Editor's Insights: Leveraging Your Team's Talent Abilities
Studies at institutions such as Harvard Business School argue that effective leadership is taking a different direction. For example, HBS scholar Boris Groysberg argues that effective communication no longer revolves around brilliant speeches and heroic exhortations. Groysberg and co-author Michael Slind suggest in their 2012 book "Talk Inc." that high-level leaders must focus on engaging others in conversations, rather than trying to shout them into submission.
An article by George Anders of Forbes Magazine suggests a few ways leaders may increase their effectiveness via communication. For example, bringing the company vision to life. Anders cites Jeff Bezos, who insists that Amazon.com is "the most customer-centric company in the world." While this is a nice sentiment, Bezos every company decision truly embodies this vision. For example, he vetoes ads that mock customer, insists that mid-level meetings include someone to serve as a customer advocate and watch out for any moves that might undermine customers’ interests. And, according to Anders, when Amazon reorganizes departments, it is always justified as a way of serving the customer better.
How can this example serve you as a leader? How can you bring this communication style into your organization? Anders suggests you salute other employee actions that reinforce your company’s vision-- and don’t be afraid to call out conduct that goes against it. You can help reinforce these principles into your employees’ thought patterns by referencing key values as often as possible when company decisions are being made.
Making the Most of Collective Team Capabilities
Speaking of decisions, most important business initiatives are tackled by teams, not individuals. But the truth is, not everyone is a "team-player." In fact, many people despise being part of a team, or at least have some major gripes with certain aspects of the team process. As leaders, it is our job to make sure that this is not causing our company to miss out on maximizing the teams’ potential and missing out on the ideas we are investing in our teams to come up with in the first place.
An interview with Pixar cofounder Ed Catmull discusses the company’s strategy for empowering teams to achieve the extraordinary.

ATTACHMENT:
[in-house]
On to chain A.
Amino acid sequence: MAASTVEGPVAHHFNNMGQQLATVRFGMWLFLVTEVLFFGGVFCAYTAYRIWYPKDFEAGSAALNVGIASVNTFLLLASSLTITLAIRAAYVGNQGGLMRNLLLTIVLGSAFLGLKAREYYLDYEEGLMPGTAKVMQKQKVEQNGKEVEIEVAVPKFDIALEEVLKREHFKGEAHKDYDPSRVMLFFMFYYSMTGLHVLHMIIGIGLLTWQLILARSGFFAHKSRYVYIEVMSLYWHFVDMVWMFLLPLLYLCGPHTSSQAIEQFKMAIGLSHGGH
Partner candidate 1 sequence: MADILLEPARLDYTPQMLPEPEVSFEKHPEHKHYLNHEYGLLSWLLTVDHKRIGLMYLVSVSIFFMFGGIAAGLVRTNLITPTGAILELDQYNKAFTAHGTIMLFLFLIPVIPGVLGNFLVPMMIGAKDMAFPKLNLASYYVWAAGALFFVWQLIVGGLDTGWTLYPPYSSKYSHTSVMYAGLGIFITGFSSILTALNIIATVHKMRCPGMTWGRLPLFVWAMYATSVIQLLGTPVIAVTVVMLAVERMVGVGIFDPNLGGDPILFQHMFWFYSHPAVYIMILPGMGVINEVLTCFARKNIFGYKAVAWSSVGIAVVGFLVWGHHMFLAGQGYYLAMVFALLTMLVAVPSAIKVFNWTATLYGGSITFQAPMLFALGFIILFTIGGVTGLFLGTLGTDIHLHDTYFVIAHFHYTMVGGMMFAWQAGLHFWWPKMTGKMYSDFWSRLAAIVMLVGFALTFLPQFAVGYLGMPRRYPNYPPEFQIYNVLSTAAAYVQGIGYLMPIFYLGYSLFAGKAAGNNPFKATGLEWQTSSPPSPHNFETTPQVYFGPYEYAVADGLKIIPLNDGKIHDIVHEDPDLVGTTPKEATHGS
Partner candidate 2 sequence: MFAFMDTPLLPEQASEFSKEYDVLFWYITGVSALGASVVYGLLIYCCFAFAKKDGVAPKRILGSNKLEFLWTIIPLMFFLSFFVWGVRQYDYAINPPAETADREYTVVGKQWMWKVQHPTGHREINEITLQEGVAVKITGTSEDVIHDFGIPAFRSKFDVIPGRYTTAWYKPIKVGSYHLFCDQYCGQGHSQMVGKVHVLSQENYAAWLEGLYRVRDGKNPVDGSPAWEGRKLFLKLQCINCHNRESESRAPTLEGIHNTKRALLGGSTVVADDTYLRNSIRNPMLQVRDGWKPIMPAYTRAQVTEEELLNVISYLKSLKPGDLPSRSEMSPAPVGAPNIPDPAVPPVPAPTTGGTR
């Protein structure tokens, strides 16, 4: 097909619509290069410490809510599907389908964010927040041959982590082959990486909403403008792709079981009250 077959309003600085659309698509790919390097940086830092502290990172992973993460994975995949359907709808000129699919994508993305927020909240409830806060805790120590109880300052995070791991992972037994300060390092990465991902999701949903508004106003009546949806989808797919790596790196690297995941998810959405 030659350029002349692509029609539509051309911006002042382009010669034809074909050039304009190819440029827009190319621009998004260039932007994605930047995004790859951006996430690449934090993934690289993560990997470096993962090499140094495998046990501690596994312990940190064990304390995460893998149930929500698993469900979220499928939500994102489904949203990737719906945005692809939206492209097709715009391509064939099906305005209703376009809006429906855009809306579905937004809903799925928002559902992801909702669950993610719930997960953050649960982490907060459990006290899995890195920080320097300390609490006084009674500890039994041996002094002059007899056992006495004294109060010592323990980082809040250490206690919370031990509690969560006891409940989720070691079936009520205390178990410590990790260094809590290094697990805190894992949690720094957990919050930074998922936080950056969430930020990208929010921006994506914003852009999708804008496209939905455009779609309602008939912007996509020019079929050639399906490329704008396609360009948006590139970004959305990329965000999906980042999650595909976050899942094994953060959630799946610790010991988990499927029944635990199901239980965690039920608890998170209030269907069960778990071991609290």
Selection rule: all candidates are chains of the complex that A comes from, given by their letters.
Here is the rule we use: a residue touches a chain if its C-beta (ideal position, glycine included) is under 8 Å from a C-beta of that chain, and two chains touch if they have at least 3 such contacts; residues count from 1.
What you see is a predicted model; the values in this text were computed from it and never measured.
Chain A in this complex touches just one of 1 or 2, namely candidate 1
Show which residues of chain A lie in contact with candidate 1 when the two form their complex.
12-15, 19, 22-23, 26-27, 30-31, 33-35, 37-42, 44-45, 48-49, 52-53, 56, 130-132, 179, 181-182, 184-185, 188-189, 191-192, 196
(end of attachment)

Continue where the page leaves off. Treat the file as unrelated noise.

"Catmull and his fellow executives give directors tremendous authority. At other studios, corporate executives micromanage by keeping tight control over production budgets and inserting themselves into creative decisions. Not at Pixar. Senior management sets budgetary and timeline boundaries for a production and then leave the director and his team alone."
An article by Dr. Marla Gottschalk, Industrial & Organizational Psychologist, shares some guidelines to help teams function more efficiently.
First, share ideas sooner. Let the team members know that ideas must not be "perfect" before being brought to the rest of the group. This gives other team players the opportunity to help refine the idea and develop it fully. Secondly, make an attempt to give up emotional attachment to your own ideas. Of course you must stay involved and oversee as a leader, but let the team work it out for the most part in order to allow the members to maximize their potential collaboration.
Finally, Gottschalk suggests "nurturing a different perspective." Combine several ideas to and you may end up with a a novel product or process. "Explore combinations that might offer unique capabilities."
When business seems to be going smoothly and everything is status quo, it's an unlikely time to question or worry if we are getting the most out of our organizations, teams, and individual employees. Employing different leadership communication strategies will help ensure that your are tapping into your organization's collective genius.